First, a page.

“Well, we plant primarily grain, corn is our major crop, and you know for us, we have the equipment to harvest it, and that’s one reason we do stick with grain, and it works well with the rotation with the milo and the wheat and we don’t have to have a custom harvester come in and gather it for us.”
Larry Hoelscher, Jr. is a grain farmer in Westphalia.
“We usually start toward the end of October into November planting wheat. Usually it takes us two to three weeks and we’ll harvest starting end of May into June depends on the weather, a lot of times you know, how far it ripens and how soon it gets ready.”
We asked if wheat presented any special challenges.
“Weather has the biggest factor on wheat. A lot of this wheat in our area, it didn't come up until after January, the middle of January, when we got a six inch rain and driving around you can see that where we have some wheat that’s probably eight or ten inches tall and then there’s a lot of wheat in the field that’s not but two or three inches tall.”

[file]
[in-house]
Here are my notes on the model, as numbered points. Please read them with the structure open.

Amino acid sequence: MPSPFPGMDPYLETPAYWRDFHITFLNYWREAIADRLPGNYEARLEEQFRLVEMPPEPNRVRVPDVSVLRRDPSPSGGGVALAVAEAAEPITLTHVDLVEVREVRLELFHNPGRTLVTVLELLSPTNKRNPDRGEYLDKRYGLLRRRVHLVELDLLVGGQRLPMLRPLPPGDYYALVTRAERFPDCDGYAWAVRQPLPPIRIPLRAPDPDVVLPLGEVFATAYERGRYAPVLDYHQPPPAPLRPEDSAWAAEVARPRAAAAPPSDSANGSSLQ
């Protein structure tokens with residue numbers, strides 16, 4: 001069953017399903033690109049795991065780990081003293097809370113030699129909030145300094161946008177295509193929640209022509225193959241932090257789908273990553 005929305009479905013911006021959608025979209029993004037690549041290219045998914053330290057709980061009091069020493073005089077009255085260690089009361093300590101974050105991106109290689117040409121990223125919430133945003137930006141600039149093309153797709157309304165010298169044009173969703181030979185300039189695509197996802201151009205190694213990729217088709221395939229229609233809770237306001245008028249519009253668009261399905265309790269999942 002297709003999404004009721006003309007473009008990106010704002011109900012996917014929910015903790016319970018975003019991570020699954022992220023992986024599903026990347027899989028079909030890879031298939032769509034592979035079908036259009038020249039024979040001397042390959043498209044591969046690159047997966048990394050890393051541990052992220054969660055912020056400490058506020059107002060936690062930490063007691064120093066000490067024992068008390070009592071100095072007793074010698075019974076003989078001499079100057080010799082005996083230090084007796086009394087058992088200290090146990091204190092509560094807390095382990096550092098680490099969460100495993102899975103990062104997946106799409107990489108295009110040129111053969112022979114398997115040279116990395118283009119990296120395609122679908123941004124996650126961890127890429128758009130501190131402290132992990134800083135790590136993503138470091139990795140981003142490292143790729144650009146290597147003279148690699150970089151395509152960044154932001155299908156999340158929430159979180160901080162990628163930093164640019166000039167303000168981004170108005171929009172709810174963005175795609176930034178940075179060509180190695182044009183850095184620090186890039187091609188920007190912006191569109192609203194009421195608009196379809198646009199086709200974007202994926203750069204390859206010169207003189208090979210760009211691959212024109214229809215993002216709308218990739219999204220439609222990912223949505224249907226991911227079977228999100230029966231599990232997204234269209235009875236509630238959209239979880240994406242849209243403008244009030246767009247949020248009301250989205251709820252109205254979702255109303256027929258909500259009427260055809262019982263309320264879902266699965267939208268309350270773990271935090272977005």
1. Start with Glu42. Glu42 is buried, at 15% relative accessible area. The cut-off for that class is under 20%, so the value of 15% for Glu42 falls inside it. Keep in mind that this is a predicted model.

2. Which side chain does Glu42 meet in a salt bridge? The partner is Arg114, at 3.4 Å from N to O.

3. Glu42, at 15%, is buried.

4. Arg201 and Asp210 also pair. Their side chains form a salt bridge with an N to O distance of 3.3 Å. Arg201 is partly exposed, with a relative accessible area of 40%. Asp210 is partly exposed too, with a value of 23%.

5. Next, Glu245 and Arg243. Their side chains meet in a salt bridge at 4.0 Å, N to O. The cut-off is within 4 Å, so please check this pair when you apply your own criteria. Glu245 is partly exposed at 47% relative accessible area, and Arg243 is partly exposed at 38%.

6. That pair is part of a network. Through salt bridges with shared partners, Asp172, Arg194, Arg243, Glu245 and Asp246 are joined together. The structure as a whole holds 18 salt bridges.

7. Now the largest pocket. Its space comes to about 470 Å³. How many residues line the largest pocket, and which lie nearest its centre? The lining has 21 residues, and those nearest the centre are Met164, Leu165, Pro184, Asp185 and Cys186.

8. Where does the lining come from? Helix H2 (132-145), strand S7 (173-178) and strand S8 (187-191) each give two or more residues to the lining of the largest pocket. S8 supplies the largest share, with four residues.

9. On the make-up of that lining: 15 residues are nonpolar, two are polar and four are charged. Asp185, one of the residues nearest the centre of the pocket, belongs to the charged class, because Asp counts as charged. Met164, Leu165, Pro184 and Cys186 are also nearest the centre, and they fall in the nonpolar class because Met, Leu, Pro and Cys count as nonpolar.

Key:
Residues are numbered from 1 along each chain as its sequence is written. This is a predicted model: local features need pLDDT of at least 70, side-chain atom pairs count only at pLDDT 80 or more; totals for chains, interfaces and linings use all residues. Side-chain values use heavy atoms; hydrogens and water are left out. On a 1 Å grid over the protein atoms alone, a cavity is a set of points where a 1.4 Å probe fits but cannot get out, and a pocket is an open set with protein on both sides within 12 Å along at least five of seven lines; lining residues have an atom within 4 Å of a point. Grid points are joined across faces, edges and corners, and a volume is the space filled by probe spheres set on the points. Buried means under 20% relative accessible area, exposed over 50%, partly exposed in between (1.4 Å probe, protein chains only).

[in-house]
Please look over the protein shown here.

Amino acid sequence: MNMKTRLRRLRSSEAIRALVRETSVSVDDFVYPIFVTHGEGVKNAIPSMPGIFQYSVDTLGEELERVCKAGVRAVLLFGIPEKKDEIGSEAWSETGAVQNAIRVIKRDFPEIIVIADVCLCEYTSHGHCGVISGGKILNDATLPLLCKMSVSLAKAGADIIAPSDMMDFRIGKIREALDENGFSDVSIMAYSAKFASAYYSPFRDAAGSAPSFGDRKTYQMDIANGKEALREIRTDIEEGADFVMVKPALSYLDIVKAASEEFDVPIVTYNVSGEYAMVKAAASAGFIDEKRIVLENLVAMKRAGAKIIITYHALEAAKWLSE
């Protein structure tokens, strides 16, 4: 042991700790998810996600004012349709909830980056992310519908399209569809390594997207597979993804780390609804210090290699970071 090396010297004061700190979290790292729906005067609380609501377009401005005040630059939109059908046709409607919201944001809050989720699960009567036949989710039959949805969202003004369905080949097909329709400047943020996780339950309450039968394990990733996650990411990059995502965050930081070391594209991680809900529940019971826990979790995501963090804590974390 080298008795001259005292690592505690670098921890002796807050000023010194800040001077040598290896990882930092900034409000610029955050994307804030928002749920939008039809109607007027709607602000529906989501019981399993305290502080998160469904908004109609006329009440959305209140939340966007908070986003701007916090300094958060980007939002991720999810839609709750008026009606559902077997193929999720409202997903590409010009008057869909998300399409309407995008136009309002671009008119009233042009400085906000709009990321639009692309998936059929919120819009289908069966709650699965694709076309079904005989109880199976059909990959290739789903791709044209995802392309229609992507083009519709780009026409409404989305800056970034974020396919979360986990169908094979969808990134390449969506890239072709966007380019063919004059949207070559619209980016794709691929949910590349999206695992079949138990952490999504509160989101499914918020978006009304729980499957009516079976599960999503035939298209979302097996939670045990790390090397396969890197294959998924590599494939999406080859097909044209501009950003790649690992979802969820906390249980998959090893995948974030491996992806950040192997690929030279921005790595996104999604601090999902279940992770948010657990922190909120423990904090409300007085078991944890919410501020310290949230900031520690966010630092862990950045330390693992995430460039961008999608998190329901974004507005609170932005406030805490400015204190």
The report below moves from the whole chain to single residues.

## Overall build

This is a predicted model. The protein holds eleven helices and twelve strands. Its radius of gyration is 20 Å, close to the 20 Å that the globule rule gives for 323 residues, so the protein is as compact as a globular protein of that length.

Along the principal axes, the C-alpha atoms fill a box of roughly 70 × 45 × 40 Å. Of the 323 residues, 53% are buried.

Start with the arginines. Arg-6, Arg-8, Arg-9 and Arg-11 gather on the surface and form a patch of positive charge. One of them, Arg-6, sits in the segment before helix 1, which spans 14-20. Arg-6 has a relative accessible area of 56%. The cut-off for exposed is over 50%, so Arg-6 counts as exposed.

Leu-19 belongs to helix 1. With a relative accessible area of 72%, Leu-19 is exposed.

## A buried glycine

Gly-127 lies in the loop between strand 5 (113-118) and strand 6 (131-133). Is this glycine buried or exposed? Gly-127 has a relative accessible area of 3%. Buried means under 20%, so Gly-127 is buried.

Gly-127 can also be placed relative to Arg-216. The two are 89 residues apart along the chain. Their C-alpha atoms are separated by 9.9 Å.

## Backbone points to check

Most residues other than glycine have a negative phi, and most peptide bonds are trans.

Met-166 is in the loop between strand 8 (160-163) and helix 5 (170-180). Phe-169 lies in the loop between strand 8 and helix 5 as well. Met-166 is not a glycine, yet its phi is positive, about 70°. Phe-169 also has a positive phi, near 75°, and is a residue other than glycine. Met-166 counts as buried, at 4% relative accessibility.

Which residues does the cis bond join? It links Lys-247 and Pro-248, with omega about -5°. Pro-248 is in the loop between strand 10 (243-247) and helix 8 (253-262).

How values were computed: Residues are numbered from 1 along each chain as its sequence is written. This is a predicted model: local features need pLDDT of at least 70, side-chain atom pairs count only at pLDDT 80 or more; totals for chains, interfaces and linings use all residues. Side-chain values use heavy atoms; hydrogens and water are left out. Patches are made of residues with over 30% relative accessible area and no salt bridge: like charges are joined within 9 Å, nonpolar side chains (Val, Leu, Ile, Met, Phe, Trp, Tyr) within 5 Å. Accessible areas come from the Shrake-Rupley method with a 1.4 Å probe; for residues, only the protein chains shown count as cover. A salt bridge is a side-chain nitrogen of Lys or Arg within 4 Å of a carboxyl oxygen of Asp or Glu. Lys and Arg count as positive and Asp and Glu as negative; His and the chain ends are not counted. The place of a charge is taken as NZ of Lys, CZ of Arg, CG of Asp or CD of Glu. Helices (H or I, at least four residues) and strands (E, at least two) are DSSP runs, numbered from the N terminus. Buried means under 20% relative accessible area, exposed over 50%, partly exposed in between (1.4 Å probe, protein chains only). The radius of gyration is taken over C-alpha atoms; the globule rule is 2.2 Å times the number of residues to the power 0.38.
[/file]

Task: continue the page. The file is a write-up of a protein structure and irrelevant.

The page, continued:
We were a little surprised to learn that cold weather helps increase wheat yields.
“Wheat is supposed to have twenty to thirty hours of cold hours which is freezing or below, and that enhances the wheat to produce, and a lot of this wheat that came up after January fifteenth, it just hasn't had that.”
And like every other crop, you just don’t know how well it did until you harvest it.
“You know, that’s something we’re going to have to see. It’s hard to tell until you run a combine through it.”
So the next time you’re making your favorite sandwich, you might have Larry Hoelscher to thank for growing the wheat it took to make the bread.
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